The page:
Metropolitan Life Insurance Company v. Sanchez et al

Filing 26

MEMORANDUM and ORDER signed by District Judge Morrison C. England, Jr., on 5/12/17 ORDERING that MetLife is DISMISSED from this action with prejudice and discharged of all liability with respect to the JM Eagle Life and Disability Program (the Plan). MetLife is AWARDED the sum of $5,801.34 as its reasonable attorneys' fees and costs incurred in this action. (Kastilahn, A)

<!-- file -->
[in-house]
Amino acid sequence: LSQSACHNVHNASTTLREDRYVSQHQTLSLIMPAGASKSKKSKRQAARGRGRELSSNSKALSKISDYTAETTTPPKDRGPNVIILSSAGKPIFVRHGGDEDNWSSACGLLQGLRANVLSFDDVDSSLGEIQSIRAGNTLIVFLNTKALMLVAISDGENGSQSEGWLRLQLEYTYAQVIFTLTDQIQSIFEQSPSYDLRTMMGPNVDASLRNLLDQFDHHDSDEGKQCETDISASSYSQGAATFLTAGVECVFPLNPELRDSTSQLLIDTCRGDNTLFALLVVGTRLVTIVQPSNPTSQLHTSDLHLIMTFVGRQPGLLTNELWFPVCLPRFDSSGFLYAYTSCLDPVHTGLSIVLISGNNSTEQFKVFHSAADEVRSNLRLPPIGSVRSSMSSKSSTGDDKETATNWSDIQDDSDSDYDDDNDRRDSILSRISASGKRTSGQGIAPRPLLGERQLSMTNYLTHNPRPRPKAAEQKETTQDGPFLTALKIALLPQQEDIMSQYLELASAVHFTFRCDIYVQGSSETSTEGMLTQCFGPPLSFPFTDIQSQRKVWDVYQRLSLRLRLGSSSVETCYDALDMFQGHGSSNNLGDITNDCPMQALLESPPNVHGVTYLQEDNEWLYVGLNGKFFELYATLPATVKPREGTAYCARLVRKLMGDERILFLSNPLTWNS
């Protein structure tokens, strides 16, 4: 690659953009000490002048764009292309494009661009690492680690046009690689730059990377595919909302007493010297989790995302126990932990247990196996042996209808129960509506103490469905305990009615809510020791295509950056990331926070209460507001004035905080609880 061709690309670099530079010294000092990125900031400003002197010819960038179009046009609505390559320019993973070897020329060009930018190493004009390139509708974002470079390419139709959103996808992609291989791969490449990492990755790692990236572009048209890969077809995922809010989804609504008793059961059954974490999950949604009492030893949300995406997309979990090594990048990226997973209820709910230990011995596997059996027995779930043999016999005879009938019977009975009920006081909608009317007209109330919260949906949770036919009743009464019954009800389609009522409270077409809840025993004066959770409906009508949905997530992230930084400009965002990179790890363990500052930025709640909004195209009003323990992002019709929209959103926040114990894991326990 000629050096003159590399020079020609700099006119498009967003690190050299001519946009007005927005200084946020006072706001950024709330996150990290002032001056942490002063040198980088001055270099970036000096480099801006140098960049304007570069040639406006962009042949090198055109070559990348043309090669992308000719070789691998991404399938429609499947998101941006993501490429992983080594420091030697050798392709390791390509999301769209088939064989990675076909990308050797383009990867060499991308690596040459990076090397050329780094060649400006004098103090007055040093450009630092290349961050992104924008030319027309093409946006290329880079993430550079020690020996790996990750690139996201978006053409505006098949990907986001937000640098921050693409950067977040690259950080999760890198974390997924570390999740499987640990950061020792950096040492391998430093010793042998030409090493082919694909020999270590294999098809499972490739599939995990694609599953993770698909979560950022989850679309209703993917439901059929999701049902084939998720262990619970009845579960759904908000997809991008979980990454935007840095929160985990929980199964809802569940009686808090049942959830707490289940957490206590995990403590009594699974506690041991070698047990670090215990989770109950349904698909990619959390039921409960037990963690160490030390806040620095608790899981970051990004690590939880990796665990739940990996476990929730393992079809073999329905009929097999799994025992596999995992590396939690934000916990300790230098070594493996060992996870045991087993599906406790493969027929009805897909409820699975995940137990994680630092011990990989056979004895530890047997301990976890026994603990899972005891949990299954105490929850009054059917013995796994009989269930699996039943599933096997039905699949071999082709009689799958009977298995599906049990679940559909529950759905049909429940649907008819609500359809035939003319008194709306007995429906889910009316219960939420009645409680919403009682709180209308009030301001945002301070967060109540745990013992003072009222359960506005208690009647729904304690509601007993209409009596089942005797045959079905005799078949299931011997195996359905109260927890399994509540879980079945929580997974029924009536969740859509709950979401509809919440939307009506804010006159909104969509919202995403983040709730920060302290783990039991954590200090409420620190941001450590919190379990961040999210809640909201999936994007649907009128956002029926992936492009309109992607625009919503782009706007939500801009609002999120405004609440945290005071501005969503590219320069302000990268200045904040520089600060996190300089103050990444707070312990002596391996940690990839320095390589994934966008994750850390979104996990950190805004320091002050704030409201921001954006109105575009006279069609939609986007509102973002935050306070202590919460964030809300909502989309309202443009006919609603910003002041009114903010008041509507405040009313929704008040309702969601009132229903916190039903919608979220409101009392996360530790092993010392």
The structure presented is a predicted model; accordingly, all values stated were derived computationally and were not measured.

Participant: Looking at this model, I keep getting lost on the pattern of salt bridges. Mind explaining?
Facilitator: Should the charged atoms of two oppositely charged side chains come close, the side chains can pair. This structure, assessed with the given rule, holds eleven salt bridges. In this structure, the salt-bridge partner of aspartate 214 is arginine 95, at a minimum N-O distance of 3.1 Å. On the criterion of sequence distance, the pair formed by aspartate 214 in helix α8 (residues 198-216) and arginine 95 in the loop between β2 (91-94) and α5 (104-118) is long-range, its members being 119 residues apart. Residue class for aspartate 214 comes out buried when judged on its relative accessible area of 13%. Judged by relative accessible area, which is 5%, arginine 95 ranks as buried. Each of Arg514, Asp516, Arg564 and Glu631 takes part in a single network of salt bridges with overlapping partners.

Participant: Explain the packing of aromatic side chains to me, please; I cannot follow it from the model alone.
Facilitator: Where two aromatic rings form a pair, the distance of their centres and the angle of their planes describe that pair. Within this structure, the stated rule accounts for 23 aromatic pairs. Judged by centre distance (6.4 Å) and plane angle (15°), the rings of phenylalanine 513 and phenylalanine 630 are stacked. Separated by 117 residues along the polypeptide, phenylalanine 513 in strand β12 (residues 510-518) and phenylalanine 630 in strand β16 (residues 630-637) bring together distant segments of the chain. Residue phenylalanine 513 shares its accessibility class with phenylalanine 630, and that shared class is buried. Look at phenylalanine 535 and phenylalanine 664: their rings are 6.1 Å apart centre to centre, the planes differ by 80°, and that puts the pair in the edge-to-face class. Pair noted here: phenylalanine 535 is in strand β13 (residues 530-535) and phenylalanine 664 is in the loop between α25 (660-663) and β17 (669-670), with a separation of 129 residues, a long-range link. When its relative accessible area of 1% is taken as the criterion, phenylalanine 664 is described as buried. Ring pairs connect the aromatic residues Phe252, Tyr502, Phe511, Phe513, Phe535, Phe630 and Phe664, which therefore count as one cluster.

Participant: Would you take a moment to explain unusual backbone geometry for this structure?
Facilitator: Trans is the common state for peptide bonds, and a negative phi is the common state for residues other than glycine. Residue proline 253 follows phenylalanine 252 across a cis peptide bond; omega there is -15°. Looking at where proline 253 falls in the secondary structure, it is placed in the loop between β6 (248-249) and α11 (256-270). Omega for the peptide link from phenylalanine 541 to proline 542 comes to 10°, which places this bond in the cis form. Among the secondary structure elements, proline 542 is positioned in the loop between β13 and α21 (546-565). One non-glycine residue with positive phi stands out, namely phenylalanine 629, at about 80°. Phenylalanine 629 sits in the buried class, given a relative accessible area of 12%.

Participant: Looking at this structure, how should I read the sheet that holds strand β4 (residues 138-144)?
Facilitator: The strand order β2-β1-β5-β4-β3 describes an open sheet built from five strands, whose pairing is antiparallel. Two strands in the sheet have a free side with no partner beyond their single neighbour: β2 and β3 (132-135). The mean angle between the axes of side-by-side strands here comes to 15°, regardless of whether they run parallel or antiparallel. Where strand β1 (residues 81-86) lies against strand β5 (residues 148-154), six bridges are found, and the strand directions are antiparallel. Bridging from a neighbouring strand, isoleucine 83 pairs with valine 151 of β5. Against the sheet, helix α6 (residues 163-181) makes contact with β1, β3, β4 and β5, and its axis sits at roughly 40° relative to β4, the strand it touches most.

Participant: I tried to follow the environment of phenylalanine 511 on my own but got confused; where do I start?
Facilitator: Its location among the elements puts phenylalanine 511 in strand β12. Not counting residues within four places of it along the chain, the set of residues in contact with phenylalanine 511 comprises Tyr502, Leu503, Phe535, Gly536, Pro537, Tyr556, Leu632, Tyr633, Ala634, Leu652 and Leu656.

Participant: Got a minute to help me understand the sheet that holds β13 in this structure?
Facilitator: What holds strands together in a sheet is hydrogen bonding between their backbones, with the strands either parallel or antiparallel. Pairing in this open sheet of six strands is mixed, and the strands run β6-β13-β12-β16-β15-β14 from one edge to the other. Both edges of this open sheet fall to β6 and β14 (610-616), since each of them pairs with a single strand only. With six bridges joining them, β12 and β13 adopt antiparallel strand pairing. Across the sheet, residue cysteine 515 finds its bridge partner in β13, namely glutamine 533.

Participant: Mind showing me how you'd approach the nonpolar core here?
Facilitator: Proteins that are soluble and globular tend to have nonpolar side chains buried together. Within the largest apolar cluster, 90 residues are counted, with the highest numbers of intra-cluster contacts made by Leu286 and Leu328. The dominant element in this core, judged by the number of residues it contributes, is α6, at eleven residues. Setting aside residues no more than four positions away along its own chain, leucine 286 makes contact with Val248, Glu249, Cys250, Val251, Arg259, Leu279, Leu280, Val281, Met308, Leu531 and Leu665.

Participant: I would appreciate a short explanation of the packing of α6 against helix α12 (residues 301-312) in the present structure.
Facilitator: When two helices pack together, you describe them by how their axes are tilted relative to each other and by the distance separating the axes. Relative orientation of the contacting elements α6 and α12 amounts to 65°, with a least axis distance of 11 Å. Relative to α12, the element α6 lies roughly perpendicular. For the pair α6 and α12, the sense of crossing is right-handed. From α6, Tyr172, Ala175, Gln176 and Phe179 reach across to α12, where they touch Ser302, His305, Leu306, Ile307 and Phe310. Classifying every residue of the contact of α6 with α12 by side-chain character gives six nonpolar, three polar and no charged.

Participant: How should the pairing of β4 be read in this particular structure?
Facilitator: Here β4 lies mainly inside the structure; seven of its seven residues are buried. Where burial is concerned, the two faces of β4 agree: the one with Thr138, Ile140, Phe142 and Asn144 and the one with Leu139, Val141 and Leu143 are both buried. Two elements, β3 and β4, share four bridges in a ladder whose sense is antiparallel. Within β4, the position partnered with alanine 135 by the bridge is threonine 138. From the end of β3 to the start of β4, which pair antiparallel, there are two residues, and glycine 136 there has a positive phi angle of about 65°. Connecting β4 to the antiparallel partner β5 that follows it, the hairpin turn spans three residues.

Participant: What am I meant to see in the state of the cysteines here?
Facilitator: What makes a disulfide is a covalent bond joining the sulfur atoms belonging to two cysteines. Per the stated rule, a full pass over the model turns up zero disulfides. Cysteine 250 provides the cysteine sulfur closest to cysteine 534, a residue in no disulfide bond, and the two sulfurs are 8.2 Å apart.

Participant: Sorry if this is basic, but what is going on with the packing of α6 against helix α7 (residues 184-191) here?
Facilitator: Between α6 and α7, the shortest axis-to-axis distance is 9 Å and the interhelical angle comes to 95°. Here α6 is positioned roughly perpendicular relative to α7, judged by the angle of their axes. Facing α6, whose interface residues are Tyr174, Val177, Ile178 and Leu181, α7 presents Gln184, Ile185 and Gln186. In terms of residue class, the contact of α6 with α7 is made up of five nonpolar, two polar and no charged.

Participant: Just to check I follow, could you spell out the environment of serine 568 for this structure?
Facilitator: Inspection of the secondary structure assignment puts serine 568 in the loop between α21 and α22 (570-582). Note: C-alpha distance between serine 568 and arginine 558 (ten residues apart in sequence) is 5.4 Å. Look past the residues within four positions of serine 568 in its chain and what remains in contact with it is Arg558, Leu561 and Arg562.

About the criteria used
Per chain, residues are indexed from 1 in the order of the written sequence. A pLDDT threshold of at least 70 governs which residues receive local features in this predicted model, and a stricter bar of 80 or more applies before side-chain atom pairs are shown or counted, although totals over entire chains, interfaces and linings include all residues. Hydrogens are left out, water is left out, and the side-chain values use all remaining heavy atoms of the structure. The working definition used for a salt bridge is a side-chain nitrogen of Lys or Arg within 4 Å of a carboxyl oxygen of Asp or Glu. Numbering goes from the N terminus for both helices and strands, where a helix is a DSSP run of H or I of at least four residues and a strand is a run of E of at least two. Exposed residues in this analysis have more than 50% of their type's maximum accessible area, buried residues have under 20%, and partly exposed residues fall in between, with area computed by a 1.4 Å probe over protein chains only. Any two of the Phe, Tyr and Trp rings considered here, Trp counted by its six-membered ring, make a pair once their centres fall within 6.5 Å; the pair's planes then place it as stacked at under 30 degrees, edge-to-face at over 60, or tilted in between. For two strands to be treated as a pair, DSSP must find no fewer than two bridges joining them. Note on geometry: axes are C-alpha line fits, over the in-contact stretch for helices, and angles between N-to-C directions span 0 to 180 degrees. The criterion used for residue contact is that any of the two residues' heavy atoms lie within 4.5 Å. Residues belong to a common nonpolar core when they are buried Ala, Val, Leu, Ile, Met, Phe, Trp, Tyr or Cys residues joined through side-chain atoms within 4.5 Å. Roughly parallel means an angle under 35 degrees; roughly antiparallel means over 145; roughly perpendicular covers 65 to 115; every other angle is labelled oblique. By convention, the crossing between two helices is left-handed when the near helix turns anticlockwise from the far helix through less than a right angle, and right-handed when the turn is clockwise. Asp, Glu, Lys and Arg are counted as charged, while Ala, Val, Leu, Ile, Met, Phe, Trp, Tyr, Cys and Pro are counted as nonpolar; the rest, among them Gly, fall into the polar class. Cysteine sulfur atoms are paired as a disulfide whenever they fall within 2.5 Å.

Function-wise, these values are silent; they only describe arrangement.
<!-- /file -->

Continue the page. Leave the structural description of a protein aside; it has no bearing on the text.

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1 2 3 4 5 6 7 8 UNITED STATES DISTRICT COURT 9 EASTERN DISTRICT OF CALIFORNIA 10 11 12 METROPOLITAN LIFE INSURANCE COMPANY, Plaintiff, 13 MEMORANDUM AND ORDER v. 14 15 16 No. 2:16-cv-00787-MCE-AC SELENA SANCHEZ, HAYDEE ARIAS SANCHEZ, A.J.S., a minor, and A.J., a minor, Defendants. 17 18 19 Through the present motion, Plaintiff Metropolitan Life Insurance Company 20 (“MetLife”) seeks discharge in interpleader now that the contested proceeds to its policy 21 of group life insurance have been paid into the Court’s registry. As set forth below, 22 MetLife’s motion will be granted.1 23 /// 24 /// 25 /// 26 /// 27 1 28 Because oral argument would not have been of material assistance, the Court ordered this matter submitted on the briefs. E.D. Cal. Local Rule 230(g). 1 1 BACKGROUND 2 3 This is an interpleader action involving a dispute over entitlement to life insurance 4 benefits payable as a result of the death of Neal Sanchez (“Decedent”). Sanchez died 5 on July 29, 2015. 6 The underlying facts are undisputed. At the time of his death, Decedent was a 7 participant in the JM Eagle Life and Disability Program (“the “Plan”), an ERISA-regulated 8 employee welfare benefit plan sponsored by his employer, JM Eagle, and funded by a 9 group certificate of life insurance issued by MetLife. The Plan benefits included basic life 10 insurance in the amount of $29,000, optional life insurance in the amount of $29,000, 11 and Accidental Death and Dismemberment (“AD&D”) insurance in the amount of 12 $29,000, to be payable to designated beneficiaries in accordance with the Plan upon 13 Decedent’s death. Decedent’s most recent beneficiary designation form on file with the 14 Plan administrator was dated March 5, 2014, and designated Decedent’s three children, 15 Selena Sanchez, A.J.S., and A.S., as well as his then wife, Haydee Arias Sanchez, as 16 equal beneficiaries, each to receive 25 percent of his available death benefits.2 On or about October 2014, Decedent’s employer, JM Eagle, updated its benefits 17 18 system and as a result required all of its employees to complete new beneficiary 19 designations. Due to a technical error, however, the system did not allow employees to 20 update their beneficiary designations for their life insurance benefits, and instead 21 permitted updates only as to 401(k) beneficiaries. Accordingly, on or about January 10, 22 2015, Decedent updated his 401(k) beneficiaries to name only his three children, with 23 each to receive 33 percent of available funds. Due to the Plan’s glitch, however, 24 Decedent did not update his life insurance beneficiaries, which technically remained 25 designated to be split four ways between his three children and now ex-wife. 26 /// 27 2 28 Decedent and his wife apparently divorced between the time he designated these beneficiaries and the date of his death. 2 1 Following Decedent’s death, MetLife received claims from both his daughter, 2 Selena Sanchez and his ex-wife Haydee Arias Sanchez, as well as claims on behalf of 3 his two minor children, AJ.S. and A.S. MetLife approved claims for basic and 4 supplemental life insurance benefits totaling $58,000.00, but denied AD&D benefits 5 pursuant to the terms of the policy. 6 Given the beneficiary discrepancy outlined, MetLife concluded it was unclear as to 7 whether Decedent intended to name only his three children as the beneficiaries of the 8 Plan benefits, as he did for his 401(k), or instead whether he intended to keep his three 9 children and his former wife as equal beneficiaries. MetLife did pay the uncontested 75 10 percent of Plan benefits to Decedent’s three children, less $7,719.10 in funeral expense, 11 which were deducted from Selena Sanchez’ uncontested share. That left the remaining 12 25 percent share of the $58,000.00 in total proceeds, or $14,500, as the amount in 13 dispute. MetLife filed the present complaint in interpleader as to entitlement to those 14 proceeds on April 18, 2016. It thereafter deposited the disputed $14,500, plus 15 applicable interest in the amount of $57.40, into the Court’s registry on May 27, 2015. 16 Now that the disputed policy proceeds have been paid, MetLife, through the 17 present motion, seeks a discharge from any further liability in this matter. MetLife further 18 asks that the Court award the reasonable attorney’s fees and costs it incurred in seeking 19 interpleader relief. No opposition to MetLife’s motion has been submitted. 20 21 ANALYSIS 22 23 A stakeholder holding funds or property to which conflicting claims may be made 24 can protect itself from multiple liability, and require potential claimants to litigate between 25 themselves who is entitled to the funds or property, by commencing an action in 26 interpleader. See, e.g., Cripps v. Life Ins. Co. of N. Am., 980 F.2d 1261, 1265 (9th Cir. 27 1992). An interpleader action entails a two-stage process. “’First, the court determines 28 the propriety of interpleading the adverse claimants and relieving the stakeholder from 3 1 liability. The second stage involves an adjudication of the adverse claims of the 2 defendant claimants.’” Metro. Life Ins. Co. v. Billini, 2007 WL 4209405 at *2 (E.D. Cal. 3 2007) (quoting First Interstate Bank of Or. v. U.S., 891 F. Supp. 543, 546 (D. Or. 1995)). 4 The motion presently before this Court focuses on the first stage of the interpleader 5 process. 6 Jurisdiction over an interpleader may be established in two ways. A “rule 7 interpleader” is brought pursuant to Federal Rule of Civil Procedure 22. Alternatively, 8 subject matter jurisdiction for a so-called “statutory interpleader” rests on the Federal 9 Interpleader Act, 28 U.S.C. § 1335, and exists where there is diversity between the 10 claimants, the amount in controversy exceeds $500.00, and the stakeholder has 11 deposited the disputed funds with the Court. 28 U.S.C. § 1335. MetLife has brought this 12 action as a rule interpleader under Rule 22. Compl, ¶ 6. 13 The stakeholder seeking discharge and judgment in interpleader has the burden 14 of demonstrating that interpleader is justified. Interfirst Bank Dallas, N.A. v. Purolator 15 Courier Corp., 608 F. Supp. 351, 353 (D.C. Tex. 1985). MetLife has made that requisite 16 showing. As set forth in the Background section of this Memorandum and Order, it is 17 undisputed that Decedent’s ex-wife and his three children all claim entitlement to the 18 remaining policy proceeds. MetLife has therefore demonstrated, as it must, that it faces 19 the prospect of multiple liability with respect to its policy proceeds because of conflicting 20 claims. 21 Once the stakeholder, here MetLife, has satisfied the jurisdictional requirements 22 of an interpleader claim, it is entitled to both a discharge of liability and a dismissal of the 23 action. 28 U.S.C. § 2361; United States v. High Technology Products, Inc., 497 F.3d 24 637, 641-42 (6th Cir. 2007). 25 The Court also has discretion to award a disinterested stakeholder its attorney’s 26 fees and costs, to be paid from the interpled funds provided the stakeholder has acted in 27 good faith. See Gelfgren v. Republic Nat’l Life Ins.Co., 680 F.2d 79, 81 (9th Cir. 1982). 28 According to the Ninth Circuit, such reimbursement is justified because “by promoting 4 1 early litigation on ownership of the fund, thus preventing dissipation, . . . the plaintiff 2 should not have to pay attorney fees in order to guard himself against the harassment of 3 multiple litigation.” Schirmer Stevedoring Co., Ltd. v. Seaboard Stevedoring Corp, 4 306 F.2d 188, 193 (9th Cir. 1962). 5 Here, there is no indication that MetLife was anything other than a disinterested 6 stakeholder as to the policy proceeds acting in good faith. The court has broad 7 discretion in determining reimbursable fees and costs under that scenario so long as the 8 amounts sought are reasonable. 9 2003 WL 22227881 at *3 (N.D. Cal. Sept 22, 2003). MetLife seeks the recovery of Sun Life Assur. Co. of Canada v. Chan’s Estate, 10 $5,801.34 in that regard, consisting of $3,860.76 in attorney’s fees, $444.58 in costs, 11 and an additional $1,496.00 in attorney’s fees in preparing this motion and related 12 pleadings. Murray Decl., ¶¶ 2-3 and Ex. 1. The Court finds these sums were 13 reasonable incurred by MetLife in initiating this interpleader action, effecting service of 14 process, preparing the instant motion to dismiss/discharge, and otherwise participating in 15 this litigation. 16 17 CONCLUSION 18 19 Because MetLife has demonstrated that it qualifies for a discharge in interpleader, 20 MetLife’s Motion for Interpleader Dismissal and Discharge (ECF No. 20) is GRANTED. 21 The Court consequently orders as follows: 22 1. MetLife is dismissed from this action with prejudice and discharged of all 23 liability with respect to the JM Eagle Life and Disability Program (the “Plan”), an ERISA- 24 regulated employee welfare benefit Plan issued by MetLife to the Decedent. MetLife is 25 also discharged of all liability with respect to the remaining benefits payable under the 26 Plan (“Plan Benefits”). 27 28 2. Defendants Selena Sanchez, Haydee Arias Sanchez, A.J.S., a minor, and A.J., a minor, individually, and their respective agents, attorneys and/or assigns are 5 1 enjoined and perpetually restrained from instituting any suit at law or equity, or action of 2 any kind whatsoever, against MetLife and/or its parent companies, subsidiary 3 companies, agents, affiliates, representatives or attorneys with respect to the Plan and 4 the Plan Benefits. 5 3. MetLife is awarded the sum of $5,801.34 as its reasonable attorneys’ fees 6 and costs incurred in this action, to be deducted and paid from the funds deposited with 7 the Court, to be made payable via a check to “Metropolitan Life Insurance Company” 8 and to be mailed forthwith to its counsel of record in this action: Hinshaw & Culbertson 9 LLP, Attention: Misty A. Murray, 633 West Fifth Street, 47th Floor, Los Angeles, 10 11 12 California 90071. IT IS SO ORDERED. Dated: May 12, 2017 13 14 15 16 17 18 19 20 21 22 23 24 25 26 27 28 6